The Industrial (R)Evolution of Aurora

May 18, 2022

LOCATION LEADS THE WAY

Industrial property in Aurora, IL, located 35 miles west of Chicago, originally served the local population, businesses, and surrounding communities. However, when the Reagan Tollway opened an interchange on Rt. 31 and I-88, Aurora became more accessible and appealing to companies requiring industrial real estate. Development increased in 10–12-year intervals, as several more interchanges were created along I-88 in Aurora. Industrial users wanted to be near the tollway, especially if involved in distribution, for the cost benefit of trucking and moving their product. With increased tollway access, the market went from, heavy industrial, smaller machine shops and light manufacturing, to modern business parks with a mix of industrial, warehouse and office.

A CHANGING INVESTMENT ENVIRONMENT

In the 80’s and 90’s, institutional money began to pursue industrial as an asset class. Whereas office used to be the favorite, and then retail centers with large anchor tenants, the industrial market made strides because it was more stable and weathered economic recessions better. Because of this stability, institutional funds and pension funds favor investing in the product type.

About 10 years ago Amazon became a factor, building 700,000 to 1 million square foot buildings. These huge warehouses utilize a 50–60-acre site that previously might have accommodated several buildings. Not only did demand for large industrial land parcels increase, but the cost of money (due to low interest rates) fell to the point that developers could build a spec site with limited investment and extremely low cap rates upon sale. The demand to build these large buildings continues limiting land for smaller developments

THE PRICE OF DEVELOPMENT

As sites near highways became harder to find developers began looking 4 to 5 miles away from the tollway, or north to Geneva and south to Montgomery. Land pricing has adjusted to the supply and demand curve. Twenty years ago, we saw $3.50 PSF (per square foot) land pricing. Ten years ago, it had risen to $5.00 PSF. In recent years we saw $6.50 PSF pricing, but in the most recent transactions it has risen dramatically to $9.00-$10.00 PSF.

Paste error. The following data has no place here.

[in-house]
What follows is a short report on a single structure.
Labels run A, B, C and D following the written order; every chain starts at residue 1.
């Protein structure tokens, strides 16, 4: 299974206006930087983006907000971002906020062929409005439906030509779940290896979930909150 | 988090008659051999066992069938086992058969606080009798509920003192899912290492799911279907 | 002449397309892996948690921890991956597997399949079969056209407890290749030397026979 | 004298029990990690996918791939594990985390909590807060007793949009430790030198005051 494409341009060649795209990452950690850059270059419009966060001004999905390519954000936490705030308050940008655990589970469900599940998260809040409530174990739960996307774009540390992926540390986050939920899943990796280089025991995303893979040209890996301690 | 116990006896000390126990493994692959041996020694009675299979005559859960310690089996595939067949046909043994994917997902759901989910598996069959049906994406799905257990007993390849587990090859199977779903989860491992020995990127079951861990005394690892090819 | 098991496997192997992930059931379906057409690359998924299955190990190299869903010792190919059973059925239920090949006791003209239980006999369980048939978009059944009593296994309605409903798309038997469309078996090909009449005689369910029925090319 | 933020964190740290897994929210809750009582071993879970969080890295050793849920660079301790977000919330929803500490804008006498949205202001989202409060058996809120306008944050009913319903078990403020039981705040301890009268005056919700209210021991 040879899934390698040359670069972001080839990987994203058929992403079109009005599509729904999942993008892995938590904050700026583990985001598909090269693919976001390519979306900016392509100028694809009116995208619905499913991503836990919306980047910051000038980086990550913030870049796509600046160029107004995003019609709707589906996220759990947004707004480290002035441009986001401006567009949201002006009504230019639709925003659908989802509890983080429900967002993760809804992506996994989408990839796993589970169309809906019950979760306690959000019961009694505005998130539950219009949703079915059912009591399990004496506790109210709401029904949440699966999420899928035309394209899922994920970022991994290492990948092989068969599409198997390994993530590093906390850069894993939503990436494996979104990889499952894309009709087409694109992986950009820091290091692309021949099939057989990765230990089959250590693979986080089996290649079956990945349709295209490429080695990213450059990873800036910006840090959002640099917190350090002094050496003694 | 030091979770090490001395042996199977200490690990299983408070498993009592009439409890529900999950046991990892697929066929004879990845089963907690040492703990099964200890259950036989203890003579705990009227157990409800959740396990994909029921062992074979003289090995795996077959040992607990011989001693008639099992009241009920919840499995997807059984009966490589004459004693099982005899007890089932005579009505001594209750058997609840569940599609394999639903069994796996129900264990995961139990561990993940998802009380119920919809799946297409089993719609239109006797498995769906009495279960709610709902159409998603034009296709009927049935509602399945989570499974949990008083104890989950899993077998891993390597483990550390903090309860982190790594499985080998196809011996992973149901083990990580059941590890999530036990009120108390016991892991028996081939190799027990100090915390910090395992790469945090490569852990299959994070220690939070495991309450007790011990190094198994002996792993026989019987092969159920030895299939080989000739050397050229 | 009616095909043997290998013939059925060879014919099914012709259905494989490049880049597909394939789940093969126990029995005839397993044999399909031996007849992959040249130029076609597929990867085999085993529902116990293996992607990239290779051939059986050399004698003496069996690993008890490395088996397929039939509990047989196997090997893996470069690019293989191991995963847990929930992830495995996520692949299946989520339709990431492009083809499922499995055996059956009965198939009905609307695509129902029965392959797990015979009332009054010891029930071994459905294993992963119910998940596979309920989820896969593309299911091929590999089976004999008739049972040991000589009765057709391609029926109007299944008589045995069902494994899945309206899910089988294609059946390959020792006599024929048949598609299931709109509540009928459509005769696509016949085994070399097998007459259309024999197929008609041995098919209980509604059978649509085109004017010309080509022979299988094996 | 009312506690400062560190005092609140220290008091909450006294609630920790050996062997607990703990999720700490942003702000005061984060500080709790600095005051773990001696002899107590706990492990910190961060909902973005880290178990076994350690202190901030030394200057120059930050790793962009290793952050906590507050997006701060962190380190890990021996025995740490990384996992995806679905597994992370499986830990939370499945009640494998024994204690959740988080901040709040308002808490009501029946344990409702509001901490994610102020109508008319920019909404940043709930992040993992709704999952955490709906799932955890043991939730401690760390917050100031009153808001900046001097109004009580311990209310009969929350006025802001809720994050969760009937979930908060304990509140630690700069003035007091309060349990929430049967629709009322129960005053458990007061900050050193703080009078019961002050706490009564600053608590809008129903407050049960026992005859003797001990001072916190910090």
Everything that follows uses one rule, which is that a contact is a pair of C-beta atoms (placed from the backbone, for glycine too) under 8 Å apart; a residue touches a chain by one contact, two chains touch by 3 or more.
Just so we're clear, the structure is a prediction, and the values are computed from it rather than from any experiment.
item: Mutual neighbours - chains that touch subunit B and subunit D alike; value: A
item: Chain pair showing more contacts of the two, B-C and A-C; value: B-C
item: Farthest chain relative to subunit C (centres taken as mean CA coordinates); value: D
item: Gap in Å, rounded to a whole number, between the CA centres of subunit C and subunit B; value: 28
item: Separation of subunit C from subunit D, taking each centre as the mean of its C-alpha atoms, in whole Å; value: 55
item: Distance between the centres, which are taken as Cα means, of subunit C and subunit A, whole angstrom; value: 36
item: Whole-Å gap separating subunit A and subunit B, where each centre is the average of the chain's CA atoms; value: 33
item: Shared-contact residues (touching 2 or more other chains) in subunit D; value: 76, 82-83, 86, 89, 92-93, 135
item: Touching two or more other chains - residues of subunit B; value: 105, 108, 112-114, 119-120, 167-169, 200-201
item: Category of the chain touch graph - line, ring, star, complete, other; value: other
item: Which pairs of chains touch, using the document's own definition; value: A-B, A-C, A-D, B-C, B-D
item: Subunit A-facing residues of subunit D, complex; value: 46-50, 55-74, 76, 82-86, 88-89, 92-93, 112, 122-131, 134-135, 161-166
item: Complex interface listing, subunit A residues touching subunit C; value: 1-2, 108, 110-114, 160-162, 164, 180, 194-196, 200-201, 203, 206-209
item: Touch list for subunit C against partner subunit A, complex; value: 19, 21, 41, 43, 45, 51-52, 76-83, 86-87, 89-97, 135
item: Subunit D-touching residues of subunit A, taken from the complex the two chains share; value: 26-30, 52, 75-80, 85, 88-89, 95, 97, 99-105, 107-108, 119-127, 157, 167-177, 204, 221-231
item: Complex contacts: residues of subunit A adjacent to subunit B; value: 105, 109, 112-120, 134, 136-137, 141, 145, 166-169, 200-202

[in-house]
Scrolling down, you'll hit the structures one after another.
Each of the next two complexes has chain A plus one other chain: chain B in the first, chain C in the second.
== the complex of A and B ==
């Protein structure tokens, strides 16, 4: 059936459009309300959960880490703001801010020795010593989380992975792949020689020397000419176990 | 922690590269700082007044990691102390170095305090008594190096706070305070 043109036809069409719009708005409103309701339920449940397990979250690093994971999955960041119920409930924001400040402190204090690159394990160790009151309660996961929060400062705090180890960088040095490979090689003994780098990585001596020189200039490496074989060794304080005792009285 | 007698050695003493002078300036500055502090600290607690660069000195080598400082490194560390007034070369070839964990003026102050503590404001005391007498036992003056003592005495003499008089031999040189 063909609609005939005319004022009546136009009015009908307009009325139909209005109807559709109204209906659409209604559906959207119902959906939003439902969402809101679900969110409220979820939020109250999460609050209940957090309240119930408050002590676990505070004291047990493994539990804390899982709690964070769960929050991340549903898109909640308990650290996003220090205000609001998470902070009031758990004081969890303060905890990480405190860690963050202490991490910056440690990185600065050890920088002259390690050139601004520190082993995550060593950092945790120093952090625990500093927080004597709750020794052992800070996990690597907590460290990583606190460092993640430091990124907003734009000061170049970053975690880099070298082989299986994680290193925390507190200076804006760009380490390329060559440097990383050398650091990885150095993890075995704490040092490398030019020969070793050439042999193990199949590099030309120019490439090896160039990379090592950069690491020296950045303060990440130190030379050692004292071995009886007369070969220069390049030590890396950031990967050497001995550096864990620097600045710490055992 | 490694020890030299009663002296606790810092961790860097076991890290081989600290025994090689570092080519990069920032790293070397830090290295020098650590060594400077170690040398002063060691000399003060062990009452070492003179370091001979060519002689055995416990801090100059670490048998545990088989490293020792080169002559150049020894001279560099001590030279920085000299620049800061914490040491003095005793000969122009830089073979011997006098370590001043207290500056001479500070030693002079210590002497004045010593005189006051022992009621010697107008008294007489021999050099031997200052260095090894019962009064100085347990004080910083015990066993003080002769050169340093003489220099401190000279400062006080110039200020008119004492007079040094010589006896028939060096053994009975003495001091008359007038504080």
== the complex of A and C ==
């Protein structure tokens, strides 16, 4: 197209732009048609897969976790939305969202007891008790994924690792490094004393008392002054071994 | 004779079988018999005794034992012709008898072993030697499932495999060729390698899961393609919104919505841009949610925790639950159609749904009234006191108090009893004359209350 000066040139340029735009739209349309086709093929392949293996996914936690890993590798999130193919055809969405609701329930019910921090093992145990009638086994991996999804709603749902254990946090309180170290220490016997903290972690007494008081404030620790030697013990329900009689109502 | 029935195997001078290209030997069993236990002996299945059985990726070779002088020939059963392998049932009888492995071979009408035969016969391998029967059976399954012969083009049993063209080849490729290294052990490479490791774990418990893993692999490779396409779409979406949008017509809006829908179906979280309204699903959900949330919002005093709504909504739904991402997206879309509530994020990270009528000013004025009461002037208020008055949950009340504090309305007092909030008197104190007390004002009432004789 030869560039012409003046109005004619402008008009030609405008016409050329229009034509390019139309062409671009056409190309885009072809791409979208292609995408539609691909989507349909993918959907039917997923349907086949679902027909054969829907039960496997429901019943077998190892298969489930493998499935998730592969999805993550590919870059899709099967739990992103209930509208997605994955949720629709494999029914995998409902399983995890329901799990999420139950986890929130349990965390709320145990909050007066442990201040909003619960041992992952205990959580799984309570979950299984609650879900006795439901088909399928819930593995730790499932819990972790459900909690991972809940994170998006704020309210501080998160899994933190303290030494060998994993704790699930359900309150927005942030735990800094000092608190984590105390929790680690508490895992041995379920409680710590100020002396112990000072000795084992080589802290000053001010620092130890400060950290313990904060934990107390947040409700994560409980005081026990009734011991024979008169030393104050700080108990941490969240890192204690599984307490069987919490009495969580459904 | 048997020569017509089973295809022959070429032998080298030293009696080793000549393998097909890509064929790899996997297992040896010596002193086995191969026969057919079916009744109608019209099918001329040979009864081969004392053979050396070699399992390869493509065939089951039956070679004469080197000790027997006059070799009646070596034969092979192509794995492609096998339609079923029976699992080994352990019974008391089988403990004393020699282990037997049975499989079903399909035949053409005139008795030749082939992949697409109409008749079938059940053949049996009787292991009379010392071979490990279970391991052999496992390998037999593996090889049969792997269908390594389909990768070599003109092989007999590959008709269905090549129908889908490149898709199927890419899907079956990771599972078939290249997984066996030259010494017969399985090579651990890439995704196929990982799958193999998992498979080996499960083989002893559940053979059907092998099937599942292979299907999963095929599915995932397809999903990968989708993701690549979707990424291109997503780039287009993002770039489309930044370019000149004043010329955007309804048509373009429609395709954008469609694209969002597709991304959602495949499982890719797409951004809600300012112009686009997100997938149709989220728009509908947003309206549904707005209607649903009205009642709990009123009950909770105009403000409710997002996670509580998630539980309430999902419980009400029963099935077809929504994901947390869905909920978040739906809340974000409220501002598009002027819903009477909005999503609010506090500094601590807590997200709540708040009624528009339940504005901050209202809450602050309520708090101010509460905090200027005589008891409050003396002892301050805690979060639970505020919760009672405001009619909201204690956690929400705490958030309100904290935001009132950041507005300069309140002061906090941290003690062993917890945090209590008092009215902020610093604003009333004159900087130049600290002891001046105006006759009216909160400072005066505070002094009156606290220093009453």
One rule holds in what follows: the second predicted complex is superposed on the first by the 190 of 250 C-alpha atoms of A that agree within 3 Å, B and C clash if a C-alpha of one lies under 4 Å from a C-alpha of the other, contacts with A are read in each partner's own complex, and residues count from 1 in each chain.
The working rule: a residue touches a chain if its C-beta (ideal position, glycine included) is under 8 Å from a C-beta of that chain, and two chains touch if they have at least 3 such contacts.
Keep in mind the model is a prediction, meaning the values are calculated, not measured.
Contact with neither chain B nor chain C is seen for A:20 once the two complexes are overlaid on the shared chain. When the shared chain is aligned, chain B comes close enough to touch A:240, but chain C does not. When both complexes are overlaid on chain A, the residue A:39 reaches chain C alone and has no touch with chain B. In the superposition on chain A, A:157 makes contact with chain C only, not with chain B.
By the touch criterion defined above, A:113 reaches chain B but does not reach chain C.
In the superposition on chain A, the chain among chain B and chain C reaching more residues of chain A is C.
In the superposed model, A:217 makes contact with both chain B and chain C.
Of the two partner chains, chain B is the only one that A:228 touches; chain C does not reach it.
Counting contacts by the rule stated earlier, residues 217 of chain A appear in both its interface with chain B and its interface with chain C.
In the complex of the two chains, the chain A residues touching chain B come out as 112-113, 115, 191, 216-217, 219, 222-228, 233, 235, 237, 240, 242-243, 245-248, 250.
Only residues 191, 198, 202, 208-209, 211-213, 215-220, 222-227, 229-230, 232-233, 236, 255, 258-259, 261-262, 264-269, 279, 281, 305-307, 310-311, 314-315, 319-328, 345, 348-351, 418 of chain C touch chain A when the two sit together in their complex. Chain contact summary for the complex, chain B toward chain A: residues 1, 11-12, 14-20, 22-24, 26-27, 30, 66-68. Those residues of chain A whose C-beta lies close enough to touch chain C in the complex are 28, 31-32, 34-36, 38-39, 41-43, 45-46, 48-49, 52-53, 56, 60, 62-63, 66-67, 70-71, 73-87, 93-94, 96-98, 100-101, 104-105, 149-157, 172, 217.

Meanwhile, the cost of construction has increased dramatically. While it used to be $75.00 PSF to build, $110 PSF is not uncommon now. The rental rate for a base investment is in the $9.00 to $14.00 PSF range for smaller square footages because of the lack of supply, large spec buildings are in the $5.50 -$7.00 PSF range based on specific buildout – peak pricing in any economic environment. The market will either have to adapt or pay for the additional freight.

LOOKING FORWARD

While the real estate market is certainly cyclical, industrial remains strong. This supply and demand curve has put pressure on cap rates; however, even with the changes tied to the recent interest rate increase, small to medium size investors prefer multi-tenant industrial. The demand for space has also led to creative adaptive reuse concepts in the marketplace. In the O’Hare submarket, we have seen developers buying sites and scrapping the current buildings, and replacing them with new industrial/warehouse distribution centers. Since 2017, Aurora has added 2 million square feet of industrial and has another 1.5 million under construction.

What started nearly 60 years ago continues to evolve today. Brian Dolan of the Dolan and Murphy Team at Caton Commercial Real Estate has over 45 years of experience focused on the Aurora market with expertise in industrial property. Brian delivers critical market expertise to ensure clients are equipped with the tools they need to make educated decisions about each property’s position in the overall marketplace.

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